There’s never any shortage of teams in need of pen arms. As the Cardinals’ early strike for Steve Cishek shows, even high-performing bullpens can often benefit from depth. Of course, we’ve also seen teams benefit in recent seasons by adding premium arms to their late-inning mix, as the Orioles did last year with Andrew Miller. But as that trade also demonstrates, the price for pen arms (in that case, Eduardo Rodriguez) is never higher than at the deadline.
Closers & Premium Set-Up Men
Jonathan Papelbon (Phillies), Francisco Rodriguez & Will Smith (Brewers), Aroldis Chapman (Reds), Craig Kimbrel & Joaquin Benoit (Padres), Koji Uehara & Junichi Tazawa (Red Sox), Tyler Clippard (Athletics), Joakim Soria (Tigers), Jim Johnson (Braves), Brad Ziegler (Diamondbacks), Brad Boxberger & Jake McGee (Rays)
- At this point, Papelbon has largely silenced concerns about his ability to dominate with decreased velocity. At 34 years of age, he no longer racks up the double-digit K/9 tallies that he used to, and he’s outperformed his peripherals somewhat, but Papelbon still owns an outstanding 1.87 ERA with 8.7 K/9 against 2.0 BB/9 since the start of 2014. He’s playing on a $13MM salary this year and is close to triggering a vesting option for the same amount next season, but that doesn’t seem an outlandish commitment at this point and the Phils are reportedly willing to keep a good piece of the cost. The major limiting factor on Papelbon’s market is his 17-team no-trade list and perhaps his preference to go to a team that will use him in the ninth inning.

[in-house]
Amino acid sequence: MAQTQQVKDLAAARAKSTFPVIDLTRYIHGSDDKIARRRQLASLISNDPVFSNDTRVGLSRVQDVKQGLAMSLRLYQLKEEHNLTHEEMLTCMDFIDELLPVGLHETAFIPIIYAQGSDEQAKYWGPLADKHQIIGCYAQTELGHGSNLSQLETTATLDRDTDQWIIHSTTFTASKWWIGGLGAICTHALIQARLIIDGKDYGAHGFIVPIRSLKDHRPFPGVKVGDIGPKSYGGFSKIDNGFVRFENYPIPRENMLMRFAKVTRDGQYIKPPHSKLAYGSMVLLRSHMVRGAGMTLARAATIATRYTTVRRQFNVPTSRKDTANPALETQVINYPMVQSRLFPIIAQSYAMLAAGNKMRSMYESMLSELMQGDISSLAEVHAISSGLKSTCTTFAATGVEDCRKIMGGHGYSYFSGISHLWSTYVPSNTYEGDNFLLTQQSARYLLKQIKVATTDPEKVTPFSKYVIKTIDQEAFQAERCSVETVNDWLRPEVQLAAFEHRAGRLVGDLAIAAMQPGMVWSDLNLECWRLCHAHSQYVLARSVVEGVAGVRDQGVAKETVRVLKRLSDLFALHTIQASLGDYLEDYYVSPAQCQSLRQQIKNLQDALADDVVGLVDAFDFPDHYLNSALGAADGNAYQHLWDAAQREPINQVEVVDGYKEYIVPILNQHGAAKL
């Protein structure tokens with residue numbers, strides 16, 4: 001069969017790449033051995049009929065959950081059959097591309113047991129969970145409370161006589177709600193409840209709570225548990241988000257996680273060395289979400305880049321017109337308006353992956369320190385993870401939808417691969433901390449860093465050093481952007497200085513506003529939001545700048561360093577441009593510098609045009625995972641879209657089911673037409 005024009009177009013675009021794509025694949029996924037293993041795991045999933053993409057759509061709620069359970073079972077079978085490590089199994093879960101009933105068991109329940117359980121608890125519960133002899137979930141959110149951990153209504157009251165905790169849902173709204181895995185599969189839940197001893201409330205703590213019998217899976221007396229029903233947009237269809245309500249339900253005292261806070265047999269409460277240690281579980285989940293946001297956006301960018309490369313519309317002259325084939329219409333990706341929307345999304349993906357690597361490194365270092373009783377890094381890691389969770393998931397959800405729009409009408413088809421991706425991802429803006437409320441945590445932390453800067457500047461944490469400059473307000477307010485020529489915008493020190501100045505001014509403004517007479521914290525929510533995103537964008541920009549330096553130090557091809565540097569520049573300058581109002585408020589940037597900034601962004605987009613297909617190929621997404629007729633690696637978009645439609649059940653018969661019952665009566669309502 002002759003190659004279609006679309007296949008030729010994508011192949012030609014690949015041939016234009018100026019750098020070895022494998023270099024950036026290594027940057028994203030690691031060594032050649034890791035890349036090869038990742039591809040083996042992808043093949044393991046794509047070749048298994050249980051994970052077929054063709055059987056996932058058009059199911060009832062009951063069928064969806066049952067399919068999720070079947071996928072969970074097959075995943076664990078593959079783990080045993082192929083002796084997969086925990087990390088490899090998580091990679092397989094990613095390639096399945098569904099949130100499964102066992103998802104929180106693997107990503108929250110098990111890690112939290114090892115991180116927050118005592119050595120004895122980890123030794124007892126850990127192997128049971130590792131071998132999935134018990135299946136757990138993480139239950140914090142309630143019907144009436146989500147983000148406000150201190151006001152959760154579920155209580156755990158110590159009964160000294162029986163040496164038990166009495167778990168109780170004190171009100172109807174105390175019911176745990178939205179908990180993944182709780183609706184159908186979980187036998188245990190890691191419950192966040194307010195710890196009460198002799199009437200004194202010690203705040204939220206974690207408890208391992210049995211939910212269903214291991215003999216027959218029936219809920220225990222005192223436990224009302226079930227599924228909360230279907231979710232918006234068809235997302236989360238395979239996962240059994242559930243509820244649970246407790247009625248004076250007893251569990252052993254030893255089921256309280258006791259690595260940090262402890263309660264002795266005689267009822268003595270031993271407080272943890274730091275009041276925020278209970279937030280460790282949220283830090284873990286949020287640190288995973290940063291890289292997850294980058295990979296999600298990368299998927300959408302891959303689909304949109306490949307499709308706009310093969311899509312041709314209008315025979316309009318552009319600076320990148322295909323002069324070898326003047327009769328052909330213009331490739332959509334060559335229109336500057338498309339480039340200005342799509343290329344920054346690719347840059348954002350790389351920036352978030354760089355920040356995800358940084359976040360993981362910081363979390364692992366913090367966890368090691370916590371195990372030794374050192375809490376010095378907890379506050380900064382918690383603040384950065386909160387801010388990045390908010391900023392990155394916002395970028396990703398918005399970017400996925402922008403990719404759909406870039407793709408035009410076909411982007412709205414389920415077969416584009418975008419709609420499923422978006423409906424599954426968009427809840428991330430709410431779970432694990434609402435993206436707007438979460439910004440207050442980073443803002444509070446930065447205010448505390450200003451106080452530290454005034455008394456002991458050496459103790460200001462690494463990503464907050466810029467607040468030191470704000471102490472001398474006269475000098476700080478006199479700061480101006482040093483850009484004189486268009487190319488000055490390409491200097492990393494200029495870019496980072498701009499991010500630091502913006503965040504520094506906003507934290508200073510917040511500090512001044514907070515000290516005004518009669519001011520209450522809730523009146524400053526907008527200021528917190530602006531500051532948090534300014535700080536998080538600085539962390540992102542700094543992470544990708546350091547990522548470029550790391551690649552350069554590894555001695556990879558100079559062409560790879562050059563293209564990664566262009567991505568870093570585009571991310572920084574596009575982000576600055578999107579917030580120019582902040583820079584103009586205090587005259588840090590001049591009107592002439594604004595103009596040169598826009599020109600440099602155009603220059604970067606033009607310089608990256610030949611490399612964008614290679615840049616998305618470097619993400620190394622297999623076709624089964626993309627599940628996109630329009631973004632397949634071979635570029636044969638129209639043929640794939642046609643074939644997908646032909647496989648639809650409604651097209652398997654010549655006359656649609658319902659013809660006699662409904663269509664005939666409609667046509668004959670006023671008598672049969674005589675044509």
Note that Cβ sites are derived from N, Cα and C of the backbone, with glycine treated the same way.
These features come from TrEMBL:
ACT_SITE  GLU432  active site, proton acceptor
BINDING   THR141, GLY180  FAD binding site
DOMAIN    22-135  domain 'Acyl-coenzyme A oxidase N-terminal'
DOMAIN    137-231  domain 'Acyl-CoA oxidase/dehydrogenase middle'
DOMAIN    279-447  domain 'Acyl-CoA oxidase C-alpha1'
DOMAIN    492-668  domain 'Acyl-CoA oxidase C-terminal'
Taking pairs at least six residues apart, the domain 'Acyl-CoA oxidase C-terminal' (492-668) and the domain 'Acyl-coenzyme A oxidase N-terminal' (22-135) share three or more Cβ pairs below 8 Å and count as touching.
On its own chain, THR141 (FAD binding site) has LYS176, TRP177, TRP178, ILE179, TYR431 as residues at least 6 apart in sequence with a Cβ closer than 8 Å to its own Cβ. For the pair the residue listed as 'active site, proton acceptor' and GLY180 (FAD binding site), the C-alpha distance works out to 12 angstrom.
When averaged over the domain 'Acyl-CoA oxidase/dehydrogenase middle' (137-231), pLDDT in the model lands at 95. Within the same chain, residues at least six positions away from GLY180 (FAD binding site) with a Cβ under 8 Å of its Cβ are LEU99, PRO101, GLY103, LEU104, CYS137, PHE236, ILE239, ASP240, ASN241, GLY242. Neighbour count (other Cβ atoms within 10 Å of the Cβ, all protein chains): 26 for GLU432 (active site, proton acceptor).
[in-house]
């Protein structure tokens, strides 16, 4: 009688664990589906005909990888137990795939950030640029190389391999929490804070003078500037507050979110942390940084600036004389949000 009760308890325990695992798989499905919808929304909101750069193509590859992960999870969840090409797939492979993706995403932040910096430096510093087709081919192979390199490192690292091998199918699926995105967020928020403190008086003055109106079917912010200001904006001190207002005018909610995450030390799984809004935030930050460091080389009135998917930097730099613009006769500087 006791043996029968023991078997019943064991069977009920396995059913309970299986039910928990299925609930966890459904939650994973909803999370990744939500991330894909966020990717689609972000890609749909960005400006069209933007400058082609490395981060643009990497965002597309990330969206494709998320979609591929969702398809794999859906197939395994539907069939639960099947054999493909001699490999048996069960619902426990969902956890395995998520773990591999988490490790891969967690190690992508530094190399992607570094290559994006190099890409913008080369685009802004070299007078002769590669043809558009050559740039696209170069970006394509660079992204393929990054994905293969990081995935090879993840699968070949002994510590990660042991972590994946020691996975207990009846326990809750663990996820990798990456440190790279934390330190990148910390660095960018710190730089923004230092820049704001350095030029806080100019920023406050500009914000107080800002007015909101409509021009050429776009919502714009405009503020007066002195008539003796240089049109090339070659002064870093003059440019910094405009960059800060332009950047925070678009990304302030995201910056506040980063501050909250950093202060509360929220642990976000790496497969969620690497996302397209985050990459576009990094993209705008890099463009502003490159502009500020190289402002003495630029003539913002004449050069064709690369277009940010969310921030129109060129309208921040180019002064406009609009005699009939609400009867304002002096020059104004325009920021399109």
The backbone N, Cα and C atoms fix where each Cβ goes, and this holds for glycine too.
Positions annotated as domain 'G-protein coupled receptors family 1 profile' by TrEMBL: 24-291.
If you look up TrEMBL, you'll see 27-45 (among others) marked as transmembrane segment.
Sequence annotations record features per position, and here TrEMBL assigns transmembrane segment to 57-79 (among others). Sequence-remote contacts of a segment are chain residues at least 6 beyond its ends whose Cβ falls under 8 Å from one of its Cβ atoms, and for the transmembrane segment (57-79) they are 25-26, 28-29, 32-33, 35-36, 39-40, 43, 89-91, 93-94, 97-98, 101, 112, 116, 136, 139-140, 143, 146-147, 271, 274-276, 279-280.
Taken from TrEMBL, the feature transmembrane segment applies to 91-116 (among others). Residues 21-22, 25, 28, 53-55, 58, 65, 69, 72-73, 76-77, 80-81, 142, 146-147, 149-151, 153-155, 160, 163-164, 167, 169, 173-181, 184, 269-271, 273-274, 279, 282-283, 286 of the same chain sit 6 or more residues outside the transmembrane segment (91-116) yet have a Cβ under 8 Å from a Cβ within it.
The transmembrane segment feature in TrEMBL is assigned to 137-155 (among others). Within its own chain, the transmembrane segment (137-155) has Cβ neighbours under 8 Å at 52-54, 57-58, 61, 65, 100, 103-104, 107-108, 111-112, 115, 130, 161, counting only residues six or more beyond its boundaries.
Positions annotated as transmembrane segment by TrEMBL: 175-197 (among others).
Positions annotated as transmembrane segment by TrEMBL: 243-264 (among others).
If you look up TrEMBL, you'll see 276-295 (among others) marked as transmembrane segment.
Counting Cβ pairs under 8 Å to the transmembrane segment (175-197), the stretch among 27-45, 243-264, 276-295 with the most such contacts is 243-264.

- K-Rod may be the second most obvious closer trade piece. He’s cheaper than Papelbon, but not by as much as you might think (at least in the future). His backloaded deal includes $9.5MM in commitments after this season, including a $2MM buyout of a $6MM club option for 2017. Regardless, that’s a more appealing contract than that of the Phillies closer. And the 33-year-old has been every bit as excellent, with a 1.54 ERA and 10.0 K/9 against 2.3 BB/9 on the year.
- Next up: the two best relievers in baseball, Chapman and Kimbrel. Both certainly could be had for the right price, but it remains to be seen how motivated their teams are to sell. Chapman has probably overtaken Kimbrel as the most dominant closer in the game, as he continues to compile truly remarkable strikeout numbers (16.0 per nine on the season) while Kimbrel has cooled down (relatively speaking) to the 13-per-nine range. Chapman is only controllable for one more season after the present, after earning just over $8MM this year through arbitration, while Kimbrel is guaranteed $25MM over the next two seasons and has a club option that could bring the total bill for his services to $37MM from 2016-18. You could debate their relative value at this point, but contenders would probably prefer to slot the Cincinnati lefty into their pen down the stretch.